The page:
Monday, 18 June 2012

REVIEW: Rock of Ages

Dir.: Adam Shankman
With: Julianne Hough, Diego Boneta and Tom Cruise

I have always been a bit of a snob when it came to musicals, an attitude shared by many I think. Musicals are often seen as a low art form, loud, kitschy, sequined and in no way comparable to the “real art” of theatre and ballet. Yet every now and again I find myself being dragged to a show or watching a musical on DVD at someone’s house. Most of the time, I feel like falling asleep (and I would rather go blind than see ‘Mamma Mia!’ again) but every so often I am rather enchanted by musicals – I thought that the film version of ‘Chicago’ was fabulous for example. So when I heard about ‘Rock of Ages’, instead of immediately wrinkling my nose in self-aggrandising contempt, I was a little bit intrigued.

I heard good things about the original Broadway production and was looking forward to the film, especially to Alec Baldwin and Tom Cruise’s performances. What I realise now is that it is dangerous to be excited about anything these days, it’s healthier for the soul to be surprised by good films instead of anticipating anything. ‘Rock of Ages’ was light and entertaining but the story line was so stupid and clich├ęd that it almost cancelled out all the good things about the film. It was also unbelievably long. The pseudo-80s set-up was fun and cringe worthy and the rock ballads familiar and safe. However, the film’s protagonists, an out-of-town boy and girl, who wish to become rock’n’roll legends were so empty-eyed and boring, I seriously wonder who on earth decided that the two would be able to carry off a film. I can hardly recall their faces now.

I also found that there was not enough humour in the film, which is surprising considering that the Broadway show is famous for its laughs. The Alec Baldwin-Russell Brand duo were cute but not laugh-out-loud funny. Similarly, the Christian protesters headed by Catherine Zeta-Jones were a little on the dull side, despite Catherine’s efforts to shake things up a-la Velma from ‘Chicago’.

The film’s highlight was, of course, Tom Cruise as Stacee Jaxx, a rock god and the object of desire of many rock chicks in the film. Make fun of him as much as you will, but after his turn as Les Grossman in ‘Tropic Thunder’, MI:4 and now this, his street-cred should be soaring high. The man not only looks amazing at 50, he also sings beautifully and carries off tight leather pants, tattooed torso and eyeliner with aplomb. To be honest, I’d rather watch 90 mins of him screaming and thrusting his pelvis on stage instead of seeing ‘Rock of Ages’ again.

Instead of the trailer, here is Tom channelling his inner Bon Jovi.

Thursday, 7 June 2012

REVIEW: Prometheus

Dir.: Ridley Scott
With: Noomi Rapace, Michael Fassbender, Charlize Theron

It took me several days after having watched the movie to make my mind up about it. At first, I was tempted to dismiss it completely as merely a paler and more expensive version of ‘Alien’. Then I had a nightmare involving an alabaster superhuman alien from the film and thought that, maybe, ‘Prometheus’ required a little more contemplation.

It was hard not to get excited about the film with all the promotional videos, TV spots and numerous ads that promised a brilliant cast and a return to form for Ridley Scott. So, I did have high expectations and was bitterly disappointed as a result. ‘Prometheus’ was marketed as a prequel to ‘Alien’, a variation on the same themes of survival, human nature and discovery. Thus, it was surprising to see that ‘Prometheus’ relied too much on certain plot developments and character aspects from its predecessor.  Like in ‘Alien’, the central character is a strong, intelligent woman, who ends up fighting extraterrestrials on her own while wearing white undies. Maybe if I saw Noomi Rapace without being aware of Sigourney Weaver’s performance, I would have been more thrilled, but come on – Noomi is no Sigourney.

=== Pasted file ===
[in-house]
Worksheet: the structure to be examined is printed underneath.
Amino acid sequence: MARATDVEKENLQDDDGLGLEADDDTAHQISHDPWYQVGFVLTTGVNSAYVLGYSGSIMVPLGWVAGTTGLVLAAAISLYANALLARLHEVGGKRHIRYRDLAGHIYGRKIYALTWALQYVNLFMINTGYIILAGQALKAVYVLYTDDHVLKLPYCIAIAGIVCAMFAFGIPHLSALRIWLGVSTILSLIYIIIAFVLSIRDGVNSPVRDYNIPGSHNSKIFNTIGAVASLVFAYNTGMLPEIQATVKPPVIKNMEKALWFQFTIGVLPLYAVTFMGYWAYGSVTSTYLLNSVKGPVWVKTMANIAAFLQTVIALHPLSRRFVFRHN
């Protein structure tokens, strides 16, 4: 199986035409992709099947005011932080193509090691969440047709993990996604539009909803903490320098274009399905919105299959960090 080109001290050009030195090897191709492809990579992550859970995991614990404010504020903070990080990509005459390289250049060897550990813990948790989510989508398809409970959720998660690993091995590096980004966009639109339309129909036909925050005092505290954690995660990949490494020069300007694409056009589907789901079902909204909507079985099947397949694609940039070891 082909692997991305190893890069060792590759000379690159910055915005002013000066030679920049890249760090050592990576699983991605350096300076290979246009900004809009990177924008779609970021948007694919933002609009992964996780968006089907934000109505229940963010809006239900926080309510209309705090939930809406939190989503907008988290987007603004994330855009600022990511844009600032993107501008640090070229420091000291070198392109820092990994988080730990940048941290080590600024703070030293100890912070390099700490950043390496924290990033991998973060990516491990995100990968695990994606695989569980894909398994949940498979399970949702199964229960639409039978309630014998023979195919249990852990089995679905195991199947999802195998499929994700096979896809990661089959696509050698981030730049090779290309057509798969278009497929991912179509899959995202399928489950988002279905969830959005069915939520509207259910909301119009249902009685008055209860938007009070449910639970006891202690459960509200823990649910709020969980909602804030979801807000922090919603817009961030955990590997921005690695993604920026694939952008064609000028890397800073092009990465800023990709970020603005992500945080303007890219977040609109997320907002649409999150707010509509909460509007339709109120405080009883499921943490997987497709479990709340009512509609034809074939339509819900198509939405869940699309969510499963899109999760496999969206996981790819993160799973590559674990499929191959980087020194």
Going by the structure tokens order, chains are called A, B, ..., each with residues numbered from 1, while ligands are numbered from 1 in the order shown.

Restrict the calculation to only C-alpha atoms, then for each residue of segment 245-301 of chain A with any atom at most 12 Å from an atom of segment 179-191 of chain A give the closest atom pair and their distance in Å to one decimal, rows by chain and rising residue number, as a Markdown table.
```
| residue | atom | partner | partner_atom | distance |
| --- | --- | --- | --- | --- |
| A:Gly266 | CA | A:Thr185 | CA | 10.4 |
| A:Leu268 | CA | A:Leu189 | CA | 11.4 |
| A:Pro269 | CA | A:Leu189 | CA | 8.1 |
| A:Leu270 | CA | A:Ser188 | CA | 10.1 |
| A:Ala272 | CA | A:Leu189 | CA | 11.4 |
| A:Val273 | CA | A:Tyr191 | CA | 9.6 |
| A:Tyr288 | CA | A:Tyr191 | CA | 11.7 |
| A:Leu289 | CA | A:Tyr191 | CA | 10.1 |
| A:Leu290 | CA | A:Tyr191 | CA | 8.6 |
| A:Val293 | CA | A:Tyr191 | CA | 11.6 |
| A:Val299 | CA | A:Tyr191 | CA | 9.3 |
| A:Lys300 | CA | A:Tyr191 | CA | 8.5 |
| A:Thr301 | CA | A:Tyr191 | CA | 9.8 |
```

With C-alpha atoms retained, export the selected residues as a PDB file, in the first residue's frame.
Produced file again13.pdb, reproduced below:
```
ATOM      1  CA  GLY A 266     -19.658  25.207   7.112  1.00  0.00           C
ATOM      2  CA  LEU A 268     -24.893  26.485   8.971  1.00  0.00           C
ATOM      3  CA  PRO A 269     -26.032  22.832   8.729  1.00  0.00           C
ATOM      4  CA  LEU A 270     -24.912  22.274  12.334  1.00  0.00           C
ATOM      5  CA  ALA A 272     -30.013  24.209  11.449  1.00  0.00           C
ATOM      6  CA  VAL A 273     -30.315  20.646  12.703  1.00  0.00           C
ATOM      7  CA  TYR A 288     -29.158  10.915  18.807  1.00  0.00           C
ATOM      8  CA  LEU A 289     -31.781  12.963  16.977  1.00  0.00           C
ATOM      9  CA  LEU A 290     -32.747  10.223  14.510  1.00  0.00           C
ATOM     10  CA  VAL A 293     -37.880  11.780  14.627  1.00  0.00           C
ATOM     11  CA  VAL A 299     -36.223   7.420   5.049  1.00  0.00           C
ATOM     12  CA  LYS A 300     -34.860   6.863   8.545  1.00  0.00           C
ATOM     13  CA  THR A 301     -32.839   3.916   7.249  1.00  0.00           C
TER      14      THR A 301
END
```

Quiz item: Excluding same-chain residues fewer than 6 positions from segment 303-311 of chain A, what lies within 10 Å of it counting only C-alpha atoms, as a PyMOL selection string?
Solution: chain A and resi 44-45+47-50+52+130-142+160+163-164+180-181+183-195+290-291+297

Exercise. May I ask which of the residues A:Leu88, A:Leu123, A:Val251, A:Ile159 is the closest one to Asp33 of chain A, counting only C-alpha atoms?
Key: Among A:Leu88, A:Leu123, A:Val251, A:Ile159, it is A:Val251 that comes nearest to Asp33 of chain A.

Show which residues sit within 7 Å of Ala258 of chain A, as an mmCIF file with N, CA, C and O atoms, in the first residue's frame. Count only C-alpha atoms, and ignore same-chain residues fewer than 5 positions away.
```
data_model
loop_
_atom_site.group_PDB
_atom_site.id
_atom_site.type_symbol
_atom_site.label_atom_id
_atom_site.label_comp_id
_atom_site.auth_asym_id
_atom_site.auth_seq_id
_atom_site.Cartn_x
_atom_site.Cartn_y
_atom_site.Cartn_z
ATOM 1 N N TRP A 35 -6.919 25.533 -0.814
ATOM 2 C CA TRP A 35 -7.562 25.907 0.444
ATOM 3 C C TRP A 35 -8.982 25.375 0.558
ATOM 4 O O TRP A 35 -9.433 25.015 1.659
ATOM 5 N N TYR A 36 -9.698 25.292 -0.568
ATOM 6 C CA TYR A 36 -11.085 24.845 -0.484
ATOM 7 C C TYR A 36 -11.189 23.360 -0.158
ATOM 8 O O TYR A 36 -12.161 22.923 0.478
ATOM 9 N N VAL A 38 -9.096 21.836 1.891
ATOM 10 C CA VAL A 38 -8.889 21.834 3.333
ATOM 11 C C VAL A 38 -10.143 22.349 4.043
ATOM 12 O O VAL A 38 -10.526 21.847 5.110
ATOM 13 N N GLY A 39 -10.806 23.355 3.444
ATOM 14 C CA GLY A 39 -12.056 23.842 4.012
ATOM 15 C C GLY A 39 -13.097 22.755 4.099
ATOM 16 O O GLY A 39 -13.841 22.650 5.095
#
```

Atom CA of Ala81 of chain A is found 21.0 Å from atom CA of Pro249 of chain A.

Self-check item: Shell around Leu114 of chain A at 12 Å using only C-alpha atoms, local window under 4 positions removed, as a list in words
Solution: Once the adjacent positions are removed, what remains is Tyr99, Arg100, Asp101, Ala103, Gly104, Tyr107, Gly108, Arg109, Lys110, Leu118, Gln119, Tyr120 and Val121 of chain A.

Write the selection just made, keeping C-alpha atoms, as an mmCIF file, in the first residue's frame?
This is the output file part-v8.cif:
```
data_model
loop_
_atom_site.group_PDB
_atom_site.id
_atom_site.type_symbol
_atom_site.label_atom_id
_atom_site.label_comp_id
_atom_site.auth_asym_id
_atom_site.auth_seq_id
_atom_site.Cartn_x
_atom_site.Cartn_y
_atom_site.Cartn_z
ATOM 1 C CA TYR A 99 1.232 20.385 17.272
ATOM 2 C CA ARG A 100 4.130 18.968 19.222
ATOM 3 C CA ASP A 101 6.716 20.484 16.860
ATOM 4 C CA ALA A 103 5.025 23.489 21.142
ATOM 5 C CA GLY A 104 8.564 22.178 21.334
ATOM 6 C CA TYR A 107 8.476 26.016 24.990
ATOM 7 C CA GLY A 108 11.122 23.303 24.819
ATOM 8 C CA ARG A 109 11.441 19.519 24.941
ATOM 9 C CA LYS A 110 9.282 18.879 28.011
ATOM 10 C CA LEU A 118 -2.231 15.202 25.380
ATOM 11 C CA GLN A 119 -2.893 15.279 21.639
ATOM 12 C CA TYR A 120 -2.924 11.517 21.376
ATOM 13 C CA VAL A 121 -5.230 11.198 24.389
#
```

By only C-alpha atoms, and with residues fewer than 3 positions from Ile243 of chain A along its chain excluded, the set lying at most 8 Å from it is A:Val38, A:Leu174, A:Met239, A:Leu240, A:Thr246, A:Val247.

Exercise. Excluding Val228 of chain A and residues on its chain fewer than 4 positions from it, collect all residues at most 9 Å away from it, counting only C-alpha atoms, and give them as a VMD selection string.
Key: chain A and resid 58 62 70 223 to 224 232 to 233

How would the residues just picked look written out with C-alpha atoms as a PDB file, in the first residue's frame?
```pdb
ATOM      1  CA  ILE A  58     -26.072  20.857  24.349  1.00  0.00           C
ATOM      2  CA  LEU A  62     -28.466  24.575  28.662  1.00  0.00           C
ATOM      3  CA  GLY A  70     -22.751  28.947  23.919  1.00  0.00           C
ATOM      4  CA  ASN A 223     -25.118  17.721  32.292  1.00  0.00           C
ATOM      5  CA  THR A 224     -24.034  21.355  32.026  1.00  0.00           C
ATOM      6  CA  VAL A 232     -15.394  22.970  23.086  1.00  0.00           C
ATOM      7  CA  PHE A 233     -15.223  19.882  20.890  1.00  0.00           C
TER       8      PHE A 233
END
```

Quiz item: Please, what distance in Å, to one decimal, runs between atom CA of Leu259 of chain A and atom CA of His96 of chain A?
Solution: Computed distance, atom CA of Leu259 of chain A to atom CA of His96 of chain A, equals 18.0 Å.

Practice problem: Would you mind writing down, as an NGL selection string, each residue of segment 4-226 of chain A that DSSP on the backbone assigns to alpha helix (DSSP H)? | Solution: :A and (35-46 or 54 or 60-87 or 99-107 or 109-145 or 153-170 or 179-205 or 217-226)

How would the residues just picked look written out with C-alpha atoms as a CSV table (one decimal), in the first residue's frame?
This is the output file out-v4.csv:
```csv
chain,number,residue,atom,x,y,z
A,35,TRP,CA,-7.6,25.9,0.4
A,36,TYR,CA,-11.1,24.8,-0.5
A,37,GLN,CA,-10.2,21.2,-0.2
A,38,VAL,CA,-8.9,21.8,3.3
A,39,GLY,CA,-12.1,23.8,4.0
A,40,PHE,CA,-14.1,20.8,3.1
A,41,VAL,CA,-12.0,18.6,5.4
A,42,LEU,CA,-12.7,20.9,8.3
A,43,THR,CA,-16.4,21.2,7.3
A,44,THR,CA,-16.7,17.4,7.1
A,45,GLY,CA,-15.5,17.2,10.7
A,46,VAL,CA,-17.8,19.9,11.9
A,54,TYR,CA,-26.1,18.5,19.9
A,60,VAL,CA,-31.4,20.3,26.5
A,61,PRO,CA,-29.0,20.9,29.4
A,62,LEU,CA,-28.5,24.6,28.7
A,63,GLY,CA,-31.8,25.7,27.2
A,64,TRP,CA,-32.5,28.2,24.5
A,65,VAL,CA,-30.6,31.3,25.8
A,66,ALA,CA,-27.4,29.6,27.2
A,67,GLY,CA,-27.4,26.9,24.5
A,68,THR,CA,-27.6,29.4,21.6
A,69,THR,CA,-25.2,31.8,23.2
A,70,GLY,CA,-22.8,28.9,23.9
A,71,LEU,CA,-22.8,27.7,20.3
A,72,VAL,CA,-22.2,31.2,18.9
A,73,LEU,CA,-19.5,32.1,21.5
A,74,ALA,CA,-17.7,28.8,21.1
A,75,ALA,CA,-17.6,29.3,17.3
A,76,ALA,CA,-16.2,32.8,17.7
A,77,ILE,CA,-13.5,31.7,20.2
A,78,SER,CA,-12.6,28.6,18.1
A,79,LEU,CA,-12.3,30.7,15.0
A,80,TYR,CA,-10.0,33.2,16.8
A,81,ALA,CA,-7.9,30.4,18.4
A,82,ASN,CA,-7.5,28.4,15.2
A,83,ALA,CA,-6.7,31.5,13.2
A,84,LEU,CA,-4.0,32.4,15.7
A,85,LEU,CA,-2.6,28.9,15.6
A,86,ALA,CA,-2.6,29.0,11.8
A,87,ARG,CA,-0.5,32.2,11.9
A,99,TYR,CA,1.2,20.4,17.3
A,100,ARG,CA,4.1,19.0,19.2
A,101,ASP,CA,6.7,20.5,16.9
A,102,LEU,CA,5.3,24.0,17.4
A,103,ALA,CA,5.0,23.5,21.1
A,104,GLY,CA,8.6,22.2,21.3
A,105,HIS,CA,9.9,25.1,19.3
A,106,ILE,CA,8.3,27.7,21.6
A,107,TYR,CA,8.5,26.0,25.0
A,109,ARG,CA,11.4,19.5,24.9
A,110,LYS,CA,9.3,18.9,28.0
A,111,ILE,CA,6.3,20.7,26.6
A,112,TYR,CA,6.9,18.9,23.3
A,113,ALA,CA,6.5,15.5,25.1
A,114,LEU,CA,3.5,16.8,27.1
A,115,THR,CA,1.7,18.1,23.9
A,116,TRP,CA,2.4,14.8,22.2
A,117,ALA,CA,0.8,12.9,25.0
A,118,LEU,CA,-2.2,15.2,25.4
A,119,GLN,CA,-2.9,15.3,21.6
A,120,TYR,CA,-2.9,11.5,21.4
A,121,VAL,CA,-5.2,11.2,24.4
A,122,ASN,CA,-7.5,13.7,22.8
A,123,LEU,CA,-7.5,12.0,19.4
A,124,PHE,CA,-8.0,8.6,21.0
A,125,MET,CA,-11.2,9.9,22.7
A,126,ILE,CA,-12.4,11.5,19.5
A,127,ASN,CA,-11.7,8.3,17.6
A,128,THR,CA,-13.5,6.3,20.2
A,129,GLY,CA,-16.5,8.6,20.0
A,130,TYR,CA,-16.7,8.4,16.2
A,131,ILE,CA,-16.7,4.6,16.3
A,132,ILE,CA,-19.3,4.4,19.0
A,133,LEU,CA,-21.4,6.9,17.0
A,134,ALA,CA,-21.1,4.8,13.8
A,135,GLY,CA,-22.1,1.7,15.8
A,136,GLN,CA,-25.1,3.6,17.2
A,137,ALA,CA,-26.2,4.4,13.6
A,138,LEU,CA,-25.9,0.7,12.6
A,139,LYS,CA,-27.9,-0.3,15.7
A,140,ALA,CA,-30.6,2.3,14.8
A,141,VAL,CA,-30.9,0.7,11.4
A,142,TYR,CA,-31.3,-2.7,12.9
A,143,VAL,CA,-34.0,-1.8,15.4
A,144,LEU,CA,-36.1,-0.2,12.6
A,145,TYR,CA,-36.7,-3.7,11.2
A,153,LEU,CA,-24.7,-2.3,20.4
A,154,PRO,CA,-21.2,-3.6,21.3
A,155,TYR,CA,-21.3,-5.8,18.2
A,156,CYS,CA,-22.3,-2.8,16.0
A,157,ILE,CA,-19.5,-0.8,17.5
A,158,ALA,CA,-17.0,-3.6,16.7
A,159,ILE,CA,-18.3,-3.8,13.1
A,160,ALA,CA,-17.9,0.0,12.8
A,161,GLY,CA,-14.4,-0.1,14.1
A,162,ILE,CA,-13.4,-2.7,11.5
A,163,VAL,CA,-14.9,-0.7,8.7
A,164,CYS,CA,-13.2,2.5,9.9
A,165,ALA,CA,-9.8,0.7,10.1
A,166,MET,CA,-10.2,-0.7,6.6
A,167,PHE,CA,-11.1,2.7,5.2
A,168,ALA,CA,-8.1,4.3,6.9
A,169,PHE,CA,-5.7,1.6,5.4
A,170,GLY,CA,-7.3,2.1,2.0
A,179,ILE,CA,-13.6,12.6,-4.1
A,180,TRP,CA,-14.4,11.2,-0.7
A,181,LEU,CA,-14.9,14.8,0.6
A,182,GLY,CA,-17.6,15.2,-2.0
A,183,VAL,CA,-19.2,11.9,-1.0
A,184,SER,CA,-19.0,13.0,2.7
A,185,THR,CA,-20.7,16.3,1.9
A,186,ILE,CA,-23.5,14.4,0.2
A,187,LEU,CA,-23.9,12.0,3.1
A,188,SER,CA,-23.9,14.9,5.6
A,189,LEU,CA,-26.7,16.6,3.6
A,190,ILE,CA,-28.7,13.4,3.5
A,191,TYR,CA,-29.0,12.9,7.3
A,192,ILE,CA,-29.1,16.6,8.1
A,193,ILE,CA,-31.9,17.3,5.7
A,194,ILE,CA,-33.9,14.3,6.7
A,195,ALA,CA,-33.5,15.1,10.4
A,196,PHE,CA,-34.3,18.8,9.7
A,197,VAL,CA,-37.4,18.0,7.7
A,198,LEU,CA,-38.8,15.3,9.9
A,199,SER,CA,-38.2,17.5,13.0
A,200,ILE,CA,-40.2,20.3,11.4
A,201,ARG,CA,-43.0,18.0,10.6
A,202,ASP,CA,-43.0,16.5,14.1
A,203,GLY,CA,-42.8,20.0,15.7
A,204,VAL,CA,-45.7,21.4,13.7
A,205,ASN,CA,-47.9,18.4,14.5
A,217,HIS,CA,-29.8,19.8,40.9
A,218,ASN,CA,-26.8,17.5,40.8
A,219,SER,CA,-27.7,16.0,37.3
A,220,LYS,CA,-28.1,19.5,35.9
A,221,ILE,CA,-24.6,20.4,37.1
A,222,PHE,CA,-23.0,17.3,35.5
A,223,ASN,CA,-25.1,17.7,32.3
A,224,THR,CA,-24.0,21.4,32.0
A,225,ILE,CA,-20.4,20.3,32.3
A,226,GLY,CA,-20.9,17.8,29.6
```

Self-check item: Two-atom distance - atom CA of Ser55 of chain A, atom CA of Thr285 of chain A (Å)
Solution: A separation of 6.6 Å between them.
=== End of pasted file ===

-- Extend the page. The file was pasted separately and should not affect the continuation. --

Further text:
My main criticism is that the film is literally all over the place – it starts off intriguingly but sags in the middle and trails off into unknown territories in the end. There is no sense of closure, too many plot holes and indistinct character development. The starship’s crew members are hardly given any definition and some of the characters are caricature-like, which is strange considering that the film seems to take itself rather seriously. The questions it asks about the origins of life and the point of it all are given vague, unsatisfying answers and it is hard to feel any sympathy for the scientists who mop about the ship half-heartedly.

Having said this, the film looks great, instead of the claustrophobic corridors from ‘Alien’ we have majestic otherworldly vistas which set the stage for a grand denouement (which never takes place really). Still, I can imagine that being an art director for ‘Prometheus’ must have been rather fun. As for the horror side of it - there were a couple of moments in the film that did make me jump or go ‘ew’, but, again, these thrills seemed unoriginal and contrived.

The highlight of the film was Michael Fassbender’s performance as David, an android, whose immaculate manners and Queen’s English lent both an icy impenetrableness and certain comic element to him. I particularly enjoyed the scenes with him going about his daily routine – doing his roots, learning languages and watching old movies – Peter O’Toole in ‘Lawrence of Arabia’ is his style icon (how funny is that).

I think the film does deserve to be watched in the cinema, if not for its visual effects, then for David the android, just do not expect a so-called ‘mindfuck’.